The Watering Place
Research by Marjorie Gregson
William Shayer was a self-taught English artist of great versatility. He began his career in Southampton painting decorations on rush bottom chairs, then went to Guildford, where he became a carriage painter, after which he started doing heraldic painting.
He was chosen to create the funerary badge of the fourth Duke of Richmond.
In 1814 Shayer was commissioned to chalk a design on the floor of a ball being held to celebrate the overthrow of Napoleon. Meanwhile, he devoted his free time to landscape painting whilst making his living painting theatrical scenes, as a reproduction artist, and also as a painter of signs for inns and other establishments.
He experienced a period of financial difficulty when his first wife, Sarah, died and he was left to support and care for five children. However, he did not remain a widower for long and with Elizabeth, his second wife, he produced five more children.
With the opening of the Hampshire Painting Gallery, Shayer's situation improved; he sold thirty paintings in the first season.
He settled in Southampton at Bladon Lodge in 1843, in an area renowned for the beauty of it's skies. As his fame grew Shayer resisted offers by his peers to go to London. He loved the landscape of southern England and produced many genre paintings of rural life in the manner of Francis Wheatley, Julius Caesar Ibbetson and predominantly, George Morland.
His favoured themes which depicted harvesting, milking, dragging timber, scenes of village life and interiors of inns. Shayer would also paint genre scenes of guards, gipsies, hunts, Bohemians, shepherds and beach scenes crowded with fishermen and boats. The skill he had acquired in the lesser genres provided him with a thorough technical grounding.
Shayer’s career was helped considerably by the patronage of a wealthy Southampton merchant, Michael Hoy.
He sometimes collaborated with other artists. Particularly successful were those with Edward Charles Williams, where Williams would paint the landscape and Shayer would add people and animals. Shayer’s eldest son, William Joseph Shayer (1811-1892), was also an artist and painted in a similar style to his father, so their works are often confused. What makes it even more confusing is that the two probably worked together on several paintings in Shayer senior's later life.
Three other sons, Edward Dasherwood Shayer (1821-1864), Henry Thring Shayer (1825-1894) and Charles Walker Shayer (1826-1914) also became painters, and all, at times, assisted him in his studio. William Shayer died in 1879, aged 92, at his home, Bladon Lodge. He was a very popular artist and his work has a depth and brightness due to his skilful application of glaze where he spread a thin, oily, transparent layer of paint over a dry opaque paint.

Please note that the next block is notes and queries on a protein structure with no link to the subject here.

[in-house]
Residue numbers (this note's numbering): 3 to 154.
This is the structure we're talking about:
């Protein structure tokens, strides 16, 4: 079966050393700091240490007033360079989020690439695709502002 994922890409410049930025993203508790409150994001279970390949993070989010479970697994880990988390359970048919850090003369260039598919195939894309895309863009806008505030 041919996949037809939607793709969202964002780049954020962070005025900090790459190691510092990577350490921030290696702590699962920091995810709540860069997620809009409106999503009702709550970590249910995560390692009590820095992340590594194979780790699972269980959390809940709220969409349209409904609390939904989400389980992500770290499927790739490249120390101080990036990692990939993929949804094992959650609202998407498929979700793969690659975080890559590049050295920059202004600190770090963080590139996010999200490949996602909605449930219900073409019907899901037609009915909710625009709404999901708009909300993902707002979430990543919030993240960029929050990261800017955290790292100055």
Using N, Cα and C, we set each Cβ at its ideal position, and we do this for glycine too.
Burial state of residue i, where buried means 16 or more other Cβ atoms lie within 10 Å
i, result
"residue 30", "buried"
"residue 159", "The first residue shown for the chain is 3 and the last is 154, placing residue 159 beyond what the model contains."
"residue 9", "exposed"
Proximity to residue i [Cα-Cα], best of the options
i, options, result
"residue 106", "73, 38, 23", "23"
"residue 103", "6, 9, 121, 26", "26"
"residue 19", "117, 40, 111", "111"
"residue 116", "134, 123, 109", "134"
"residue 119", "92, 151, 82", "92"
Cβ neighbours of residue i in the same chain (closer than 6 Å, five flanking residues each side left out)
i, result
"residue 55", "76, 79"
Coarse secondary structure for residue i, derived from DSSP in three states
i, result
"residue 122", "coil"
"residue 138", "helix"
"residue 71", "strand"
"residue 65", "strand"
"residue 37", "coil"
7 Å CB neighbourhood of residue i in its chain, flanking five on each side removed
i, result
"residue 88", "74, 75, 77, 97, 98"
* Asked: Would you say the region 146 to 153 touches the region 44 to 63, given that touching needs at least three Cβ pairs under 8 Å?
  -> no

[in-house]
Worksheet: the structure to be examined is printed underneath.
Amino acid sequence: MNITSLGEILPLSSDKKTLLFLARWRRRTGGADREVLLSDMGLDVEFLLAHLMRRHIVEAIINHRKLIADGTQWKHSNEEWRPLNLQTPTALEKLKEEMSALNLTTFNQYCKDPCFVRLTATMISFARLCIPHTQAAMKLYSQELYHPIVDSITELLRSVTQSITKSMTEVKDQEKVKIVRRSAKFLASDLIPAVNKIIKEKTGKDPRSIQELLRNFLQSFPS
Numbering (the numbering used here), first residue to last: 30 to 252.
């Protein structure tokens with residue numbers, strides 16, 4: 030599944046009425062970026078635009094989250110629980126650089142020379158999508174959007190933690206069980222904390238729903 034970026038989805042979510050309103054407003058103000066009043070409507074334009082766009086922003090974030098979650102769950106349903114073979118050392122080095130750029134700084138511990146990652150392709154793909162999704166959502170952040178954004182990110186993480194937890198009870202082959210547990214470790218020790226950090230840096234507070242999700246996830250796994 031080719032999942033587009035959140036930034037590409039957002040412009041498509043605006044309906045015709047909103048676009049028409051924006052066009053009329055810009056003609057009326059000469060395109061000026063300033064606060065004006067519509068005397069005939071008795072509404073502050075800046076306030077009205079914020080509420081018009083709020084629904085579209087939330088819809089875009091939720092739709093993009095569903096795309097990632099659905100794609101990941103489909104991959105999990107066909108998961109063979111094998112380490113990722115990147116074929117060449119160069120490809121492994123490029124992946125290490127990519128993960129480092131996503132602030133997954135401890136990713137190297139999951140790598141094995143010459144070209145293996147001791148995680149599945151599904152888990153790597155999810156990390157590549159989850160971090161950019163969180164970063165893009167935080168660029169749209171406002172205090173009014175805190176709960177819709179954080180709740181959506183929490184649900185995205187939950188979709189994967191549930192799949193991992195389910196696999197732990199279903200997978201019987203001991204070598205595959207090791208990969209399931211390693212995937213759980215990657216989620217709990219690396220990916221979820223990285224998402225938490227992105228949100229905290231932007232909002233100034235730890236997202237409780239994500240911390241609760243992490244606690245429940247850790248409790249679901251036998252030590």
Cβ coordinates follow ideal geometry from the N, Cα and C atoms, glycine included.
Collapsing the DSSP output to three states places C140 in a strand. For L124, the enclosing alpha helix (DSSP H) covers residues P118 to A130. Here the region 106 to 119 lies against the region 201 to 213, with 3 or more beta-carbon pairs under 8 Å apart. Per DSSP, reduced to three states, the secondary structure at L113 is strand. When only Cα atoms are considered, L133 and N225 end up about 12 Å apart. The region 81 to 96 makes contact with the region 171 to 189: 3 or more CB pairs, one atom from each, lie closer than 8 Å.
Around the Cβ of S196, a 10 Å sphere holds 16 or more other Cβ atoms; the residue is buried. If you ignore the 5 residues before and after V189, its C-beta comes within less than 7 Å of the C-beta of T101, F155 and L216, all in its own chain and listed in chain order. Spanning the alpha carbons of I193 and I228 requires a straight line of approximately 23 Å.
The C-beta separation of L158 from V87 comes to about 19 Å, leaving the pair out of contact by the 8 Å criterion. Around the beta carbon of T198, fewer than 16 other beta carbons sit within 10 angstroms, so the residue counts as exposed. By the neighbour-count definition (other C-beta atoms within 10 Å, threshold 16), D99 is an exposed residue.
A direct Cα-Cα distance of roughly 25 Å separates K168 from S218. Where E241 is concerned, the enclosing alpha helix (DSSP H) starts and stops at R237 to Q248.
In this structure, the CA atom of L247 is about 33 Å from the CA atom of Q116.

He had 6 works exhibited at The Royal Academy, 82 works at The British Institution and a remarkable 338 works at The Suffolk Street Gallery of the Society of British Artists.
The following are just a few of Shayer's paintings to be viewed in galleries nationwide:
Village Festival Tate London
A Donkey and a Youth Shipley Art Gallery
A Group of Gypsies Rochdale Arts and Heritage Service
Beach Scene Ferens Art Gallery
Cottage Door Scene Colchester and Ipswich Museum Service
Harvesting Calderdale Metropolitan Borough Council
The painting is in need of restoration but one can still see the artist’s skill in this peaceful rural scene. The cattle in the stream are finely depicted and are grouped and painted in colours which draw the eye to the middle ground. They are watched over by a lone figure on a horse or donkey to the right of the picture.
The sky illuminates the scene below and its cool colours contrast with the stronger colours and textures of the trees and vegetation. It is a harmonious composition of depth and space.
Henry Randle Heys, the donor of the painting, was born in 1916 in Ramsbottom, Lancashire, to Henry Howarth Heys (1880 -1937) and Eveline Ellen, nee Armstrong (1879-1939). The 1911 census describes Henry Howarth Heys as 'a cloth buyer'.
He was a captain in the 5th Battalion of the East Lancahire Regiment in WW1. He died in Lytham in 1937, having lived at Westfield, Clifton Drive from at least 1929.
His father, William Randle Heys (1846-1883), was also a yarn merchant of Ramsbottom and was a stalwart of the community. In St Paul’s Church, Ramsbottom, there is a window dedicated to William’s memory entitled 'Christ Walking on the Sea'.
Henry Randle Heys served in WW2. It was through his generosity that a communion rail was installed in St Paul’s to mark the long association of his family with the church.
Acc No 22
Artist William Shayer
Artist dates 1787-1879
Medium Oil on canvas
Size 44 X 59 in (111.8 x 149.9 cm)
Date painted Unknown
Donor Henry Randle Heys
Clifton Drive, Lytham
Date donated 16 June 1946